Before receiving the ringside figures for last week, I had expected mart prices to show some signs of stability even allowing for recent wobbles in factory prices.
There was even the possibility that prices might strengthen as men with cattle killed hit a market place that should be running seasonally tight on forward stock.
However, looking at the ringside figures, the trade appears to be sluggish. That said, the numbers aren't really there yet to give a proper indication of what direction the trade is heading in.
There are some men anxious enough to replace stock but the combination of bad weather, falling factory prices, limited mart numbers and questions about how much fodder is about are all feeding into an air of uncertainty around the trade.
The bullock table, however, does show some touches of upward movement in about half the weight categories but all the heifer averages headed south last week.
The issue of a lack of numbers, I suspect, had possibly more to do with how the heifer performed last week than a sudden and chronic collapse in confidence.
Turning to the more numerous bullocks, we see that despite factories having squeezed beef prices by up to 10c/kg since Christmas, demand ringside for the 600kg+ bullock improved on average by 5c/kg last week to €2.08/kg while the top end bullock rose 8c/kg to average €2.39/kg.
The total span of price difference in the 600kg+ section is 80/ckg or a minimum of €480/hd - that being the difference between your better continental at €2.45/kg or €1,470/hd verses your poorer quality Friesian at €1.65/kg or €990/hd.
The difference in price from the very best to the very worst in the 500-599kg section is 83c/kg.
In the 400-499kg section it is €1.05c/kg or from €420-524/hd, while at the lightest end the 300-399kg animal sees a difference from top to bottom of 96c/kg which works out at between €288-383/hd.
I mention these figures now in the dark dull days of mid January because I intend to watch what happens the division in prices from the top to the bottom in the quality stakes once the spring trade proper gets under way.
There was a large entry of stock here despite or maybe because of the inclement weather. Trade was well maintained with heifers from 300-500kg selling from €1.80-3.00/kg. The price of the day among the heifers has to go to the 260kg Limousin who clicked €980 or €3.75/kg.
Among the weanling bulls, under 300kg prices ran from €2.00-3.40/kg with those from 300-400kg making from €1.80- 3.00/kg. In the heavier bull section strong demand saw prices hit a top of €2.90/kg. Heavy good conformation cull cows sold from €1.80-2.30/kg, with stores making from €1.00-1.80/kg.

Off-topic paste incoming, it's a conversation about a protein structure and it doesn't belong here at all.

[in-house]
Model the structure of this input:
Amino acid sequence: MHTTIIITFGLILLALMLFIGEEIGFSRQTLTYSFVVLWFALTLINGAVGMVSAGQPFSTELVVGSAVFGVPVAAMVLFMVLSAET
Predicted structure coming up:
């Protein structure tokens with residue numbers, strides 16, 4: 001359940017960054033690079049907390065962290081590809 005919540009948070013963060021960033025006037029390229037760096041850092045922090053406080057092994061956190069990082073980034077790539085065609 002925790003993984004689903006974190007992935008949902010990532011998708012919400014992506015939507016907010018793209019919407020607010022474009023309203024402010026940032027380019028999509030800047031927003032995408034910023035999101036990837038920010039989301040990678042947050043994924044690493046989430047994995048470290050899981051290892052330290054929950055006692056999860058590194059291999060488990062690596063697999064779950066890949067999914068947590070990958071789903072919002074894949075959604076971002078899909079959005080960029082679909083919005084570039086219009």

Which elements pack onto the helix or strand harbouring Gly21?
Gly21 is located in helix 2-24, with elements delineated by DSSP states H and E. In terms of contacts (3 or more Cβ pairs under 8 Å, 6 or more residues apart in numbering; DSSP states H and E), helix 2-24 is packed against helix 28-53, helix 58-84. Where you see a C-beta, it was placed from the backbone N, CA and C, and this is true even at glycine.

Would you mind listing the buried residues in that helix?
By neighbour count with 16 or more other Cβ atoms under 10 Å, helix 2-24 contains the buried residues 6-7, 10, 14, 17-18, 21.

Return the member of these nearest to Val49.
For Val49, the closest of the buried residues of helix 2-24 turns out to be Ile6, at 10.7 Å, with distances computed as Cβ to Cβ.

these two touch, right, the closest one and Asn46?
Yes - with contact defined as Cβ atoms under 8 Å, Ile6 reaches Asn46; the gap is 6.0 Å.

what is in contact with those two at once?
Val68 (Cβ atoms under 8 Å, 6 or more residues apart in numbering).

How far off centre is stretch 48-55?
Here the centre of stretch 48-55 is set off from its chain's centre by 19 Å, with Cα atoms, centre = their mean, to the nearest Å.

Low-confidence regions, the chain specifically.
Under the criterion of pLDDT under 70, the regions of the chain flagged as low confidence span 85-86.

While prices among heavier dry cows performed well, they tended to fall just that little bit short of the €2/kg mark. Examples included a 720kg Belgian Blue at €1.85/kg and a 670kg Limousin at €1.90/kg. Two separate lots of Aberdeen Angus bullocks, a batch of seven at 375kg and three at 370kg both clicked €2.28/kg; a sure sign that good Angus are never out of fashion. Among the heifers Aberdeen Angus again helped set the pace with one 530kg example making €2.21/kg.
With 500kg Charolais heifers making up to €2.80/kg and Charolais weanling bulls of the same weight hitting €2.74/kg there was no shortage of money for good stock here. In short this was a sale dominated by better cattle but manager Glen Cooper has some hard questions about quality and whether their numbers can last. “There is no doubt quality is falling as are their numbers.”
The story here was of a good trade all round with cull cows in particular seeing strong interest. Among those culls were a 625kg Limousin who made €1.88/kg while 760kg Charolais made €1.67/kg. The Friesian is the life blood of the cull trade however with some of the better offerings here in the 630-730kg range selling from €1.42-1.58/ kg. The Friesian was also well received among the bullocks with one batch of seven at 559kg hitting €1.87/kg or €1,050/hd.
They might even be considered value come the spring should factory prices stay steady.
Trade for the forward 500kg plus bullock saw the base for Friesians established at €1.70/kg with Herefords and Angus selling from €1.95/kg upwards. Forward continentals operated off of a €2.25 base with lighter Charolais and Limousins making from €2.20-2.75/kg. Among the heifers forward Angus and Hereford types sold from €2.00-2.30/ kg, while lighter stores hit a top of €2.75/ kg. Trade for cull cows was very active with Friesians making from €100-350/hd with the €/kg while continental culls sold from €200-850/hd with the €/kg. Friesian calves sold from €90-160/hd with the majority selling in the €100-130/hd range.
Trade remained firm here with weanling heifers reported as improved by €20-30/ hd with some Limousins in the 280-290kg weight bracket making from €2.84-3.36/ kg. Among the weanling bulls in the 400- 430kg section were 430kg Limousins who made €2.47 and a 405kg Charolais at €2.67/kg. Trade for forward bullocks zipped along very nicely with prices in the €2.50- 2.75/kg range not uncommon for the better continental. The dry cow was also well in demand here with one well fleshed 710kg Limousin hitting €1.95/kg.
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